Dr Ambrose Gillick and Chloe Street-Tarbatt present at AHRA 2020: Housing and the City

BA (Hons) Architecture Stage 3 Coordinator, Dr Ambrose Gillick, and Lecturer, Chloe Street Tarbatt, recently presented at the 17th Annual International Conference of the Architectural Humanities Research Association: Housing and the City.

Dr Ambrose Gillick’s presented his paper, Curating the postmodern city: London Docklands 1980-1998. Dr Gillick writes, ‘The London Docklands Development Corporation’s (LDDC) urban renewal programme during the 1980s and 1990s was and remains the subject of much derision and despair. Dissatisfaction at the political character of the work and its insensitive realisation notwithstanding, the architecture and urban character of the regeneration have been largely characterized as a violation of both urbanity and good taste. However, the LDDC employed a number of significant architects and planners who had been closely involved in the more ostensibly egalitarian programmes of postwar urban renewal and New Town development, including Wyndham Thomas, Gordon Cullen and Edward Hollamby.

This paper explores the presence of their thinking as revealed in the material fabric of Docklands housing. It argues that rather than a manifestation of failed planning and bad architecture, what we encounter in the Docklands is more accurately read as both a natural evolution of modernist planning approaches but also a perceptive prediction of the future identity of east London as a space of leisure, consumption and identity, in short, of desire. Examining buildings, drawings, interviews and developer’s promotional literature, this paper describes the ways a new urban realm was manufactured that superseded bounded modernist ideas of the city, replacing them instead with an unstable and indistinct sense of urbanity. Relying less on controlled articulation by architecture and more on the ongoing curation of perception and memory through non-planned hybridity, the LDDC’s vision, far from failing, gets to the heart of the postmodern condition.’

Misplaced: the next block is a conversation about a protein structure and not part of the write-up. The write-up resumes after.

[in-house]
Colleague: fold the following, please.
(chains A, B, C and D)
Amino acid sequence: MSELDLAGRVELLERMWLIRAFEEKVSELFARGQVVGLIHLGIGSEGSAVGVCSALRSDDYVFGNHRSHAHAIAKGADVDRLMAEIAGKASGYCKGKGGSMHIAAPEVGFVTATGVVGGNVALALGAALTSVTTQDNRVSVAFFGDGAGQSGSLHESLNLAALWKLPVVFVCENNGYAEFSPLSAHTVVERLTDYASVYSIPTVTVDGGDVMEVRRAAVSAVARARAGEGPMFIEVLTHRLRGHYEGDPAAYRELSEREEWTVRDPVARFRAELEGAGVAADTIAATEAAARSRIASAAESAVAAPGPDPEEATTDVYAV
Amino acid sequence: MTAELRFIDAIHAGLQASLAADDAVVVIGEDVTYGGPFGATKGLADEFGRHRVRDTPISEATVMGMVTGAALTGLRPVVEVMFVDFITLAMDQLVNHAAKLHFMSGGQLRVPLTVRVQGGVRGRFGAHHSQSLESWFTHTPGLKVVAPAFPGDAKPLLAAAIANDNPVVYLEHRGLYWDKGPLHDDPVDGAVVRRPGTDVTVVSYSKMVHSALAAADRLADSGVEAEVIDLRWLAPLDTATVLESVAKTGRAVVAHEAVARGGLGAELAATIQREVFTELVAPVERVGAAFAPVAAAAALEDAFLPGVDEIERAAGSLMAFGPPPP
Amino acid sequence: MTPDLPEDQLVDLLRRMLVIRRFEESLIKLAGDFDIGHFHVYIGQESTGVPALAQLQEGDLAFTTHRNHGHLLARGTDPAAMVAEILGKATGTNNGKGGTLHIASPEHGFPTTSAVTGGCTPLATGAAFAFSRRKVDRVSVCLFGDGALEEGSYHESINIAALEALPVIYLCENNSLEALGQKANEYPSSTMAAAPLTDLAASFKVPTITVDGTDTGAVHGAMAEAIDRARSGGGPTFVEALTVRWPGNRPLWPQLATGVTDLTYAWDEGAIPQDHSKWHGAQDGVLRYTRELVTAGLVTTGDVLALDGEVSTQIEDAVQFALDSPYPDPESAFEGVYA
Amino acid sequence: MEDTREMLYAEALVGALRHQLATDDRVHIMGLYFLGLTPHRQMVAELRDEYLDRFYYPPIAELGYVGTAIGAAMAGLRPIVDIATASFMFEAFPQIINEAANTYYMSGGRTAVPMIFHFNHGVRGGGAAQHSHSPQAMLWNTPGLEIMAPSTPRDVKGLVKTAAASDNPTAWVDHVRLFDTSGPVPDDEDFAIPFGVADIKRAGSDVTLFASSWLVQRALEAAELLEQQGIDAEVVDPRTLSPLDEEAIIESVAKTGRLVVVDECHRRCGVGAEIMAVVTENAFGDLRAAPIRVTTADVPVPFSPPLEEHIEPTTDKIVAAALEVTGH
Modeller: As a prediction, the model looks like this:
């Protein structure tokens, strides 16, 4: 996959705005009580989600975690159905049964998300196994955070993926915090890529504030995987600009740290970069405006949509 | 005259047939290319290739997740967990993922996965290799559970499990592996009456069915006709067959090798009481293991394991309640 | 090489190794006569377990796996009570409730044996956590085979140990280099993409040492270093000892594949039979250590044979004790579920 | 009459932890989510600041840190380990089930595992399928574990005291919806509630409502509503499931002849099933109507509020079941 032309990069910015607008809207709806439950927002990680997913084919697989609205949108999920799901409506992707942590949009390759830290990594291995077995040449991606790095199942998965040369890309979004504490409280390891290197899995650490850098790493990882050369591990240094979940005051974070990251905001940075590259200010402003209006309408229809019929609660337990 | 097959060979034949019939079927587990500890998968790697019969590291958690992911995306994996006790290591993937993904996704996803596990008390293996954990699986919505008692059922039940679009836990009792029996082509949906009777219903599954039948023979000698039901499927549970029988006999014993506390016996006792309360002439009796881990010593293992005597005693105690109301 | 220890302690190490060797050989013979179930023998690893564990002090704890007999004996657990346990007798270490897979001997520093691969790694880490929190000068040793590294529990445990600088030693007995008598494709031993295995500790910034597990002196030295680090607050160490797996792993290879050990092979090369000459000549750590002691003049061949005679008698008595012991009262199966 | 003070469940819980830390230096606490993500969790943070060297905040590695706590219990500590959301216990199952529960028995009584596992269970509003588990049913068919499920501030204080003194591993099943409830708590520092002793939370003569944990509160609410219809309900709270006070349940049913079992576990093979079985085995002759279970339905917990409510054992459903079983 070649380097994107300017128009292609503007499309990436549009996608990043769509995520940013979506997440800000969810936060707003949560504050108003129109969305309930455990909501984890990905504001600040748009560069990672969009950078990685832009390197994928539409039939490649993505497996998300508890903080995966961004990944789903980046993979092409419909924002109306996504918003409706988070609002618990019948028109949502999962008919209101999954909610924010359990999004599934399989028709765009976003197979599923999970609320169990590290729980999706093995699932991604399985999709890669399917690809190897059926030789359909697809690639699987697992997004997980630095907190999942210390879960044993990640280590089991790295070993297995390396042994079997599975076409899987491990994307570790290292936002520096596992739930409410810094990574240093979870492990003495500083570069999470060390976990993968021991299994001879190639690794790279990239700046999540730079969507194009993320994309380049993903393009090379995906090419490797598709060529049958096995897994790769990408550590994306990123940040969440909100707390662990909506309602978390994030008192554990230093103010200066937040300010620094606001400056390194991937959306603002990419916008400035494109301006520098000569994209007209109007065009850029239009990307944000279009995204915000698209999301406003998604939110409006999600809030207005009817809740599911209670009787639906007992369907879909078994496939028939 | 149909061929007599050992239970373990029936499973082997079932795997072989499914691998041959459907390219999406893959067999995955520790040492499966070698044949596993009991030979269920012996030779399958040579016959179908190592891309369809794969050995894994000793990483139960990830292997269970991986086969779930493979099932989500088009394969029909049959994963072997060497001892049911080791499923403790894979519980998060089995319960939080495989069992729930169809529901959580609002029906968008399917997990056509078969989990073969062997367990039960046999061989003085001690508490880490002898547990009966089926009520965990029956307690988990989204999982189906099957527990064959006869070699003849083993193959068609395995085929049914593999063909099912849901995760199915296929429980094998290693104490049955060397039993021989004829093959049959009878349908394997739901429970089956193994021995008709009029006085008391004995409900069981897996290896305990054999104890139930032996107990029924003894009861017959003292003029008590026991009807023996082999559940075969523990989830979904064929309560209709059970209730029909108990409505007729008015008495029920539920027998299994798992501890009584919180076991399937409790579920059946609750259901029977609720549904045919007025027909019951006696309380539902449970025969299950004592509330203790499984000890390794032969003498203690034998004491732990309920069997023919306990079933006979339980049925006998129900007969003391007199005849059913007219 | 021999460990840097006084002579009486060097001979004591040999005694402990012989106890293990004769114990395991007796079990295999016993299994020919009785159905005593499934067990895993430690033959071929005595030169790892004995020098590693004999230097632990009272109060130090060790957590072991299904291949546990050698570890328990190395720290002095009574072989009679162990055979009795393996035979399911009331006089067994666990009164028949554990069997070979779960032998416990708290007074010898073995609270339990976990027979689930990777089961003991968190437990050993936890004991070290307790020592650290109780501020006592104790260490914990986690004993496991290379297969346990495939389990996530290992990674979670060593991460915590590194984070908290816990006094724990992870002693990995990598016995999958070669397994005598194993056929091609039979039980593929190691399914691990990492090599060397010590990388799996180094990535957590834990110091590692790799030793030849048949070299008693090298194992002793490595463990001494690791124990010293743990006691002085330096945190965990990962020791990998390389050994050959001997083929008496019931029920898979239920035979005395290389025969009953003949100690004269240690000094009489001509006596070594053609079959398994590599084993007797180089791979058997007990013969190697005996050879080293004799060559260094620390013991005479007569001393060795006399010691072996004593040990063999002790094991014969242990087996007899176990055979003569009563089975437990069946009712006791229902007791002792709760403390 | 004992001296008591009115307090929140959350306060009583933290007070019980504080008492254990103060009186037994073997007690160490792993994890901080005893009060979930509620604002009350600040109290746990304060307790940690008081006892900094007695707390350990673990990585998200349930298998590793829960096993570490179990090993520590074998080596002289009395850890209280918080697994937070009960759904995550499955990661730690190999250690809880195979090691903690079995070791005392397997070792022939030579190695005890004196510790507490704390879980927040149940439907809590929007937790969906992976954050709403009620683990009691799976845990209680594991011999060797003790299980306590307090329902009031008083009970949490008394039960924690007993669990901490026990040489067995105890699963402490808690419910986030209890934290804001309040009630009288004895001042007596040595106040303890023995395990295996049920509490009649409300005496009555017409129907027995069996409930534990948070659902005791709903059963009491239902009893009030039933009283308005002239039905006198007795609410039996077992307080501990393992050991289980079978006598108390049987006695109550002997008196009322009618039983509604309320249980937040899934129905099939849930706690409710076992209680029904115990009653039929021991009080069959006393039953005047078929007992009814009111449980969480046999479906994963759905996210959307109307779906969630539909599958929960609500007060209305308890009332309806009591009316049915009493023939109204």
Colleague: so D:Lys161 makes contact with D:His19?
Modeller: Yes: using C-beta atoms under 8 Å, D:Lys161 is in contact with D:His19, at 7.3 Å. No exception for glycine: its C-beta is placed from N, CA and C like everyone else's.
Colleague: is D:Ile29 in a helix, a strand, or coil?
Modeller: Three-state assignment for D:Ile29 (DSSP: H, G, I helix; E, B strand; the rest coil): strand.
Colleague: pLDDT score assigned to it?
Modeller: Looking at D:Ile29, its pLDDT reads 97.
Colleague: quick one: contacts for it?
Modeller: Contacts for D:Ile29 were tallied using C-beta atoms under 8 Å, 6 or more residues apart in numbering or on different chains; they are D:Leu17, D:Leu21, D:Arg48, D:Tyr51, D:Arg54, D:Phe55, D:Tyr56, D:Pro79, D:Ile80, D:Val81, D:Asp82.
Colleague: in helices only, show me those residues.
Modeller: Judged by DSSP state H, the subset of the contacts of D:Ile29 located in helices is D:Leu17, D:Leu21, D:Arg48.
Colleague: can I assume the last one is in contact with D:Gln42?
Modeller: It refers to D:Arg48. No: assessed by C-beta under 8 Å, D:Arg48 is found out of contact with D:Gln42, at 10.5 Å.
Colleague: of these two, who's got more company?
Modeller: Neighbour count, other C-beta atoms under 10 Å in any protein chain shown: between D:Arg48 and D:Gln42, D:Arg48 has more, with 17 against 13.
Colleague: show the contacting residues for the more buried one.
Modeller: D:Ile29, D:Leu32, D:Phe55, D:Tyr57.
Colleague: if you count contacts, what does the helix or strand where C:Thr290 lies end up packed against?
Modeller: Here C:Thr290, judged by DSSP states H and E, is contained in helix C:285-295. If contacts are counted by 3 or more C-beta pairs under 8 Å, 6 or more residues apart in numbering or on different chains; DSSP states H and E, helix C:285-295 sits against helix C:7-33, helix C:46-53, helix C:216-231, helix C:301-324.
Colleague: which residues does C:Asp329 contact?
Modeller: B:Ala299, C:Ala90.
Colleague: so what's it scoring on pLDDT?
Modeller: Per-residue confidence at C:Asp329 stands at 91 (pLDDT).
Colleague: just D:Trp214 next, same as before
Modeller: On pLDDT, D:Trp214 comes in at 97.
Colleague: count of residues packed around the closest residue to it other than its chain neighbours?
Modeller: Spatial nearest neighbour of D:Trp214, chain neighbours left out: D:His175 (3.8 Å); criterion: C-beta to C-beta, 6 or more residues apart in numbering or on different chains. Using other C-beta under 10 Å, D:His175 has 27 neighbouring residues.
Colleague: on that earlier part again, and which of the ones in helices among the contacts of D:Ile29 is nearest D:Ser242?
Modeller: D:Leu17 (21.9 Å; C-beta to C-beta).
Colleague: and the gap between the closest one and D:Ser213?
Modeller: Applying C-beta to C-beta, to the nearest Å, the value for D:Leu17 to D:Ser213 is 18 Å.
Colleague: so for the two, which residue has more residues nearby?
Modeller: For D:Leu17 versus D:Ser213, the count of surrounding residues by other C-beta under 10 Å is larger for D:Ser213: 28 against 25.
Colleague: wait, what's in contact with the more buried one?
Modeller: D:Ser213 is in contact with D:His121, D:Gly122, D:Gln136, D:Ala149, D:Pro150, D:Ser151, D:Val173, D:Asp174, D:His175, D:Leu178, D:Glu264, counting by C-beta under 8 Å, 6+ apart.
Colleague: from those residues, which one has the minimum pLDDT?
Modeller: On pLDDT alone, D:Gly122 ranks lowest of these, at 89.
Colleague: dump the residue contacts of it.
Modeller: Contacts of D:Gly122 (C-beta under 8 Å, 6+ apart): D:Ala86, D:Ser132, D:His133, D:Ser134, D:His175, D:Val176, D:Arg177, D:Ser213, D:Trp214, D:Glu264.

Chloe Street Tarbatt co-authored a paper with Jonathan Tarbatt titled, Living in the city: how urban form can foster more sustainable, adaptable and resilient neighbourhoods, following the release of their latest book, The Urban Block.

Chloe Street Tarbatt writes, ‘This paper explores the influence of urban form on the quality of the urban environment generally, and by extension, on its potential to improve the quality of new neighbourhoods. We outline a taxonomy of urban forms, explaining the potency of each type to either: create walkable neighbourhoods or car dominated ones; to foster a sense of belonging or a sense of isolation; or to provide a setting in which the social life of a neighbourhood may either flourish or stagnate.

The neighbourhood is an increment of placemaking that bridges between the scale of the block and the scale of the city. We argue that, post pandemic, its role as a platform for daily life is more important now than ever before. New neighbourhoods, however, need to be made more sustainable, more resilient to future pandemics and more pleasant places to live than recent UK experience and research has proven them to be. We postulate an evolution of the neighbourhood concept that builds on Clarence Perry’s legacy via the New Urbanists, to suggest how a more nuanced approach to their urban form might achieve these aims.’